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IN ALEPPO

David Levy speaks with Sakhr Al-Makhadhi, a journalist based in London who covers the Arab world for the BBC, Al Jazeera and The Guardian among others.

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The Montréal Review, September 2012

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David Levy: I first encountered the word Aleppo years ago in William Shakespeare's Othello (1603) and Macbeth (1610). I wasn't then sure if it was a real place or a locale the Bard had invented.

Sakhr Al-Makhadhi: Aleppo is one of the world's oldest cities, the biggest city in Syria. It's in the north of the country, very, very close to the Turkish border. About fifty miles from the border. There are cultural connections with Turkey. It was on the Silk Road. It has international connections across the world. Aleppo is Syria's international city where commerce thrives, a city of businessmen.

DL: The name in Arabic was Haleb or Halab, which is to say Chalab, the "ch" pronounced as in loch, re-constituted as Aleppo during the Crusades.

SAM: The French redid Halab as Alep which became the English Aleppo. In Syria today it is pronounced Halab employing the emphatic h of house.

DL: How has the city dealt with the conflict?

SAM: For the past 18 months it was the quietest place in the country. The regime has always had ties with the business elite and they've kind of co-opted them. The people in Aleppo somehow managed to avoid the worst of the trouble.

DL: I take it all that has changed.

SAM: Aleppo has been dragged into this revolution, unwillingly. As you may know, it all began in Daraa in March last year. People from outside Aleppo have brought the fight to Aleppo to show the population that there's no escape. That no one is safe from this. To show that the government has got no stronghold, that no spot is free from the violence. Aleppo had been taunted by other Syrians facing government attacks. They've been accused of being lazy, of being unwilling to join the revolution.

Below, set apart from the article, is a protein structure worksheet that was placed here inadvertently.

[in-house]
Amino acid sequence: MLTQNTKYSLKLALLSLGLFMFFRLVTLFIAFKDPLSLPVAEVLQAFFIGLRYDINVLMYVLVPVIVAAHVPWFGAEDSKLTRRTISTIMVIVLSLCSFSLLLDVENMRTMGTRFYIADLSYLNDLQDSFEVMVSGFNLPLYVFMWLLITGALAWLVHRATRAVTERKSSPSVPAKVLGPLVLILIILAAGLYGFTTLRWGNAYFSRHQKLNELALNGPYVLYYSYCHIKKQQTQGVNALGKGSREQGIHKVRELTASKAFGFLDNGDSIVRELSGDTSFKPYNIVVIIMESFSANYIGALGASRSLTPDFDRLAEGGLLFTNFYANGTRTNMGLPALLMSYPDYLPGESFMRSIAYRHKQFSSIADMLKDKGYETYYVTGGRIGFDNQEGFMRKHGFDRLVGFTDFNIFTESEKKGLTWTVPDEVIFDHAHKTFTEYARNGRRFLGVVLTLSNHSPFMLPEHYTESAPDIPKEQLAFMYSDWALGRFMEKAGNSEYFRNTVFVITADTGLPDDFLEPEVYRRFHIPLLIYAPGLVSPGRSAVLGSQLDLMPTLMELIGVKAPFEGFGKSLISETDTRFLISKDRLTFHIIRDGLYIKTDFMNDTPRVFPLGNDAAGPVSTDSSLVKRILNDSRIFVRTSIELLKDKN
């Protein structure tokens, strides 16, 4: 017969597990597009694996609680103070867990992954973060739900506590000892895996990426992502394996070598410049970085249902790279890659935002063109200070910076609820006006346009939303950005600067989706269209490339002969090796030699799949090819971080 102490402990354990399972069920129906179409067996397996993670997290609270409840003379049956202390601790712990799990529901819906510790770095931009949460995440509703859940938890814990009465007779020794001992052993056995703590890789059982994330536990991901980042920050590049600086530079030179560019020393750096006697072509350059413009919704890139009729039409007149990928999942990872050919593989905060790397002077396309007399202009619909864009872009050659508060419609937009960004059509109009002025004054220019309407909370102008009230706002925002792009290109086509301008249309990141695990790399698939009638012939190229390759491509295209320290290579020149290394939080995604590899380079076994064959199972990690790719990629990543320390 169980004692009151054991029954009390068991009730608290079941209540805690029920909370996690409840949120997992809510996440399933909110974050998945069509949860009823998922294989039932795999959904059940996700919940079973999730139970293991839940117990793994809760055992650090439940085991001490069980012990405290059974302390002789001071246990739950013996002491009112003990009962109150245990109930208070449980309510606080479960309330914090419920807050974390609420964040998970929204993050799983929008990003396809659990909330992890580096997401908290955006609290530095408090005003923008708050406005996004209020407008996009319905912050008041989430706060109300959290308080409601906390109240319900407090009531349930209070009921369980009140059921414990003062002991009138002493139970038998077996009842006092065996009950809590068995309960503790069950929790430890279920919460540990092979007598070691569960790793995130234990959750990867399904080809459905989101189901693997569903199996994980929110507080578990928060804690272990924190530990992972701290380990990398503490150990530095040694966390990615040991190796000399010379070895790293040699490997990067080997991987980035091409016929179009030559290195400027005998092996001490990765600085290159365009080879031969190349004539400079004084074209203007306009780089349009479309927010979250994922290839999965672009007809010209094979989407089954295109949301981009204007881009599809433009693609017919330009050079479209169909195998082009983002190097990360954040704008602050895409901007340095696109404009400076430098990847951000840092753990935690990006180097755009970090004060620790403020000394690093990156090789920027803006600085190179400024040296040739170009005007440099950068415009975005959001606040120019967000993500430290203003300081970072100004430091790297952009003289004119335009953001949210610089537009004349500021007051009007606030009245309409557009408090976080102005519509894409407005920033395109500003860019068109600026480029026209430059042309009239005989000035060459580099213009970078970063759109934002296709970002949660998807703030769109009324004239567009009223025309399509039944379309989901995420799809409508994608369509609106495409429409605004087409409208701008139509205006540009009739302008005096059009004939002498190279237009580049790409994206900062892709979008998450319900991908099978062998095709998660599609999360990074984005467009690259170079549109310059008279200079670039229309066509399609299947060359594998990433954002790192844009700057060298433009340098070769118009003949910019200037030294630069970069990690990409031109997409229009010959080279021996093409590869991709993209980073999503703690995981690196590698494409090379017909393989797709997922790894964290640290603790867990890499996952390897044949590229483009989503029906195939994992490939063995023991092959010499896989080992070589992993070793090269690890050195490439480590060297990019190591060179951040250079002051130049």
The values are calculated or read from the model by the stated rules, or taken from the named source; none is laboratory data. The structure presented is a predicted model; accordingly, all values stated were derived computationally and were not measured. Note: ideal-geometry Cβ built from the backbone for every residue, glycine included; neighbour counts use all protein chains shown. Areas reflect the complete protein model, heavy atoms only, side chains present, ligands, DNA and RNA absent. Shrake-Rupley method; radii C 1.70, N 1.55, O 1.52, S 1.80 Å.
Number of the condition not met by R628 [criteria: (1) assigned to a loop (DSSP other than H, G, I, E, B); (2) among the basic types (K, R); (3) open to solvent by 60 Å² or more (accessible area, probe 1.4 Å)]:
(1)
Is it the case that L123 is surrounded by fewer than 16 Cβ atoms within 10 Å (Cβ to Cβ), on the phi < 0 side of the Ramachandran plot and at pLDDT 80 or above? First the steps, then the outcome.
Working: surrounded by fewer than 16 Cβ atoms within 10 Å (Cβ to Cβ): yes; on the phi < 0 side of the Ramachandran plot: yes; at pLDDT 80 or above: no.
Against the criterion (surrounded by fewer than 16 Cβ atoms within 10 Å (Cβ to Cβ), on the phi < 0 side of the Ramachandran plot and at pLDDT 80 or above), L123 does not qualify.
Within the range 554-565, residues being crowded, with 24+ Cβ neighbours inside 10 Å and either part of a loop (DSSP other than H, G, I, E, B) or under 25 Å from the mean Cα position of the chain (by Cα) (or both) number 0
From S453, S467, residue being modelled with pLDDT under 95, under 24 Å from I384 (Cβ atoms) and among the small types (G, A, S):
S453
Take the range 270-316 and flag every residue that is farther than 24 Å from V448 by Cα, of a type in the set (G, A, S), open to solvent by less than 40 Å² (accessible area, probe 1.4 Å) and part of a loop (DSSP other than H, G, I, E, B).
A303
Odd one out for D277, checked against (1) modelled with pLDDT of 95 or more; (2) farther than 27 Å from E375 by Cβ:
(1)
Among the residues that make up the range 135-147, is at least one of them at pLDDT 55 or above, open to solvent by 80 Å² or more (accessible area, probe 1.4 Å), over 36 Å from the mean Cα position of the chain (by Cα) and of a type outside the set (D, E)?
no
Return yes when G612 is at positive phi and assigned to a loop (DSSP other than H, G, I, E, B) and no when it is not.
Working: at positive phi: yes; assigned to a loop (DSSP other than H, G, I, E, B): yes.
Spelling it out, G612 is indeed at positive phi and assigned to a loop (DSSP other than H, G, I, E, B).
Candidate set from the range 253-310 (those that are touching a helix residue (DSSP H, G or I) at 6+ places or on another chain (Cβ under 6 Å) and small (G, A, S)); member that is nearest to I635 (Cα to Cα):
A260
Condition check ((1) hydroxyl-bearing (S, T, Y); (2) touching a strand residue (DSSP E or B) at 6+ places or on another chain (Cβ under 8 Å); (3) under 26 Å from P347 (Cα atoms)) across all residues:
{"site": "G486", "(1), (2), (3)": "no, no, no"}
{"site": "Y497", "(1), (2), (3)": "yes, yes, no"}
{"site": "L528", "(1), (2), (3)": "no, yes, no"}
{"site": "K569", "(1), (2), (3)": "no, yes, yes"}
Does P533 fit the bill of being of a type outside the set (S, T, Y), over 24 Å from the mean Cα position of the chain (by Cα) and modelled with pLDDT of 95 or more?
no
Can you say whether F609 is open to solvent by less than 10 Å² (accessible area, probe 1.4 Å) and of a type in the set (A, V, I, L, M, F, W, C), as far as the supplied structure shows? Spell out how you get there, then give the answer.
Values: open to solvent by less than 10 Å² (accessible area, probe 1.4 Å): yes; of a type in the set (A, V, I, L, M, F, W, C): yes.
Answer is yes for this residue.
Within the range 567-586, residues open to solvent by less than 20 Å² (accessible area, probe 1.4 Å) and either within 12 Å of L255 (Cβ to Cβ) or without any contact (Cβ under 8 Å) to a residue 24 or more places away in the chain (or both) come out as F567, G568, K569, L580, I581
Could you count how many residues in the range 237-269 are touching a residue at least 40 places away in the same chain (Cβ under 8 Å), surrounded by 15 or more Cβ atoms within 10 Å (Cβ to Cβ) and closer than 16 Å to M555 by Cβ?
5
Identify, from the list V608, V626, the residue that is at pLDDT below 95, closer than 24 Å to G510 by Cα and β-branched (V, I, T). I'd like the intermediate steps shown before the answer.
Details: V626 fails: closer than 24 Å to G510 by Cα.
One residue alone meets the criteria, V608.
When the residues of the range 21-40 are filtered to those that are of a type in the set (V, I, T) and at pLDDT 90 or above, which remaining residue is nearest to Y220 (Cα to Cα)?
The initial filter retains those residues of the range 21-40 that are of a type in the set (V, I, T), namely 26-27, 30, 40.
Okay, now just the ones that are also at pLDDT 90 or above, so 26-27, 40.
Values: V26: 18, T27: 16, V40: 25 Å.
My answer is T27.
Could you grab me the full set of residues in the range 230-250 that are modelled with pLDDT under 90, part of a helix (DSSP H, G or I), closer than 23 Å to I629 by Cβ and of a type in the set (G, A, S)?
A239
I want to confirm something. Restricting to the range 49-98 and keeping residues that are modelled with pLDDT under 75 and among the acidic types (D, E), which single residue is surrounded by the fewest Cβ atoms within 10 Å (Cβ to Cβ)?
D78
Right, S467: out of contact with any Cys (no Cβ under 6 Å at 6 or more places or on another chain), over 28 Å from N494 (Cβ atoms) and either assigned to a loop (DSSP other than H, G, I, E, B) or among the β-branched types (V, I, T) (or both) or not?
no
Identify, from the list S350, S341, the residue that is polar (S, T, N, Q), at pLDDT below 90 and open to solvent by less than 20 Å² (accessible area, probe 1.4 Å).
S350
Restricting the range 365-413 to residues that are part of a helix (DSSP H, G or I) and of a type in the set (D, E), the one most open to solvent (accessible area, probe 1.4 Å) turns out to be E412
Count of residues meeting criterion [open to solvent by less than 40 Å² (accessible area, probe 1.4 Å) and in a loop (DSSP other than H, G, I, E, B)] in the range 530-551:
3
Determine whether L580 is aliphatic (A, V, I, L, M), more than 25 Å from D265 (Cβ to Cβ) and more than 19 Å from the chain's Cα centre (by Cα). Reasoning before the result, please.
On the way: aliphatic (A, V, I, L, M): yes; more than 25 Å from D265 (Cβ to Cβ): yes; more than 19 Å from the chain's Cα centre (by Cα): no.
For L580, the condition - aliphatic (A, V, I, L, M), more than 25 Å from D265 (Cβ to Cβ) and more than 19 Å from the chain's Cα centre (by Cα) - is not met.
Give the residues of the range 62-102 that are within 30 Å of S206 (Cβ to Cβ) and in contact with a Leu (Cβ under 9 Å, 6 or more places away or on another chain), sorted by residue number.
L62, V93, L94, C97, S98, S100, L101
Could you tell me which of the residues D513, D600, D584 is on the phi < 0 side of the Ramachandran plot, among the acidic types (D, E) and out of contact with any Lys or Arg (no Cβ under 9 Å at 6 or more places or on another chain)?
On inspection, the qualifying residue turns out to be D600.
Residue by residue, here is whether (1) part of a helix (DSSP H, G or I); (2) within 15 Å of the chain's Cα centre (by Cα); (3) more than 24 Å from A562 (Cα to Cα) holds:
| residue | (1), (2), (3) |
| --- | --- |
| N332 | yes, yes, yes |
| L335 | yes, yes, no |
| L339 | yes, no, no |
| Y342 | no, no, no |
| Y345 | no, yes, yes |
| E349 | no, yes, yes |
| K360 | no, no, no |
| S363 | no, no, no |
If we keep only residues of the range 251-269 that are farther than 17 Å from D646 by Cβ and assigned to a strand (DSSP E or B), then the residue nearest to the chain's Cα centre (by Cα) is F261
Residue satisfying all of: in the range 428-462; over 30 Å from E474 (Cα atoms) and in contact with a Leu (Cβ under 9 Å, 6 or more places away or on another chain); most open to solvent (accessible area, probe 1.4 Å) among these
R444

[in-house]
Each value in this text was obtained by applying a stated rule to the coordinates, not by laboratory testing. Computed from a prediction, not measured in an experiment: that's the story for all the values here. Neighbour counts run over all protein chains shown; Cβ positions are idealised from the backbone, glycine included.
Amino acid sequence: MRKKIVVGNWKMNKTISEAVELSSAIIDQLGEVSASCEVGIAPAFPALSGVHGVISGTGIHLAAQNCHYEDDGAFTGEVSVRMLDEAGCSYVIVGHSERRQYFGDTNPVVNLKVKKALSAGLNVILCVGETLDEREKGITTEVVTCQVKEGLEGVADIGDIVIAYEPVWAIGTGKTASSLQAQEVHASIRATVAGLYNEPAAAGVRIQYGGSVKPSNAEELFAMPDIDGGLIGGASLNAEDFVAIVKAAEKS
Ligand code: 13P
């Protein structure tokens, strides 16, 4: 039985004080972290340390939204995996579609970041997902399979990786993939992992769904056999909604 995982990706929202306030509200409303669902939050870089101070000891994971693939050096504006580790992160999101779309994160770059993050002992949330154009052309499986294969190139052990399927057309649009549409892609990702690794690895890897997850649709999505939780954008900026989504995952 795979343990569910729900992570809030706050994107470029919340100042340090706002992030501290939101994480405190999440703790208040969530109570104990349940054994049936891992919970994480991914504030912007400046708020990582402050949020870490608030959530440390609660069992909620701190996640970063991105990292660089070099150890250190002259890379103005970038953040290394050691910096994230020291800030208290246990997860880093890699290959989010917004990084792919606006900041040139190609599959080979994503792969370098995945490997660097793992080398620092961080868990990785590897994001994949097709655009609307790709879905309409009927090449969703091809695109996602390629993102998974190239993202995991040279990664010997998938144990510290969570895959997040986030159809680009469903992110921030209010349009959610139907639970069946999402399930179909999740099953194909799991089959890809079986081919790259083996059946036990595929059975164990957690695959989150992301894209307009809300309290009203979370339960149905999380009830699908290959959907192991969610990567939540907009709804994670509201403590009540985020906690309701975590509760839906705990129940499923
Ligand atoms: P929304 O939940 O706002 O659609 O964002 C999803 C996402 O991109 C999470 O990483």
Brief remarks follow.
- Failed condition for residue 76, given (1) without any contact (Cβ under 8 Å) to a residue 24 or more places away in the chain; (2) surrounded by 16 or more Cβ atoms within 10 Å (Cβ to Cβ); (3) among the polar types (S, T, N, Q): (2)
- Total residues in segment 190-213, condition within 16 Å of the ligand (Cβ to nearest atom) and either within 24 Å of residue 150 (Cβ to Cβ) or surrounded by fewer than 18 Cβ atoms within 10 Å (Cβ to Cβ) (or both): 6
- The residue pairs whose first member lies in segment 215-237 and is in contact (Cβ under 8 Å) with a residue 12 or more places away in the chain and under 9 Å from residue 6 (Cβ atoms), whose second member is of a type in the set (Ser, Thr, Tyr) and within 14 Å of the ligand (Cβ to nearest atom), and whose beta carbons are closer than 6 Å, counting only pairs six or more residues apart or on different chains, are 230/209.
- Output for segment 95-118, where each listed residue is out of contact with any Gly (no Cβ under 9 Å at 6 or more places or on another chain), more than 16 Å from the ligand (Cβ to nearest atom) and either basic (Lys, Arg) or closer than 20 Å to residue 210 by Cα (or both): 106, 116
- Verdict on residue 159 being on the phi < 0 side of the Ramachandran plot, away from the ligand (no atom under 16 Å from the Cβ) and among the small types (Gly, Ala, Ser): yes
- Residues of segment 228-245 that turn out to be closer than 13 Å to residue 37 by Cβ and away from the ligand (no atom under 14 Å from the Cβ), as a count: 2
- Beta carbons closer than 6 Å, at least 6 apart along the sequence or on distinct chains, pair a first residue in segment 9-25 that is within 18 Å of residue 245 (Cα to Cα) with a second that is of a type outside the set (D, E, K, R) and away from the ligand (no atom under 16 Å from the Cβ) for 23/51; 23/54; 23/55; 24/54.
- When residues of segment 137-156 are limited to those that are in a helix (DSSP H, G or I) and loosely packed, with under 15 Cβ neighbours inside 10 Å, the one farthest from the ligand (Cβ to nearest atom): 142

DL: One might assume people would want to distance themselves from the conflict if they could. I understand two million people live in Aleppo.

SAM: It's a slightly bigger city than Damascus. It's a trading city. It has always had very close connections with Turkey. Why did it stay quiet, its hard to tell, really. Relatively quiet. Damascus as well had been relatively quiet earlier this year.

DL: You've pointed out that with the virtual exclusion of the international media from the country, Al-Jazeera no more welcome that the BBC, there is a fierce ongoing struggle for control of the narrative, one the Free Syrian Army (FSA) appears to be winning, though neither side is entirely credible.

SAM: What I'm hearing from people on the ground and from reporters who have managed to get into the city is that in the country a lot of people have been behind the FSA and supported them because the FSA were defending their neighbourhoods and because they are in many cases local fighters or local civilians who've taken up arms. The majority of the FSA are not defectors, actually, they're civilians who've taken up arms. In Aleppo it's different, because the fighters have come from outside the city. The feeling there seems to be that actually people are quite angry with the FSA for dragging them into the war.

DL: There have been reports claiming that the conflict is threatening Aleppo's monuments, some dating back 3,000 years to the Bronze Age, the Citadel, the Temple of the Storm God.

SAM: Syria has faced many, many wars and invaders and occupiers, it has had more rulers than any of these monuments can remember..I don't think they are particularly at risk. I don't know exactly where the fighting in Aleppo has been going on, because I don't know the city as well as I know Damascus. But I don't think it has been taking place in the old city. The Citadel is just at the edge of the old city. In Damascus certainly the fighting was all in the suburbs, some sporadic gunfire in the west of the city, a couple of bombs in the centre and a couple of assassinations. But all of the shelling and the flight of civilians, all of that took place in the suburbs.That's where people live. In some ways it's a bit like London, where the centre of the city really doesn't have many residents, people don't live there, unlike cities like Paris where there is a vast inner city residence.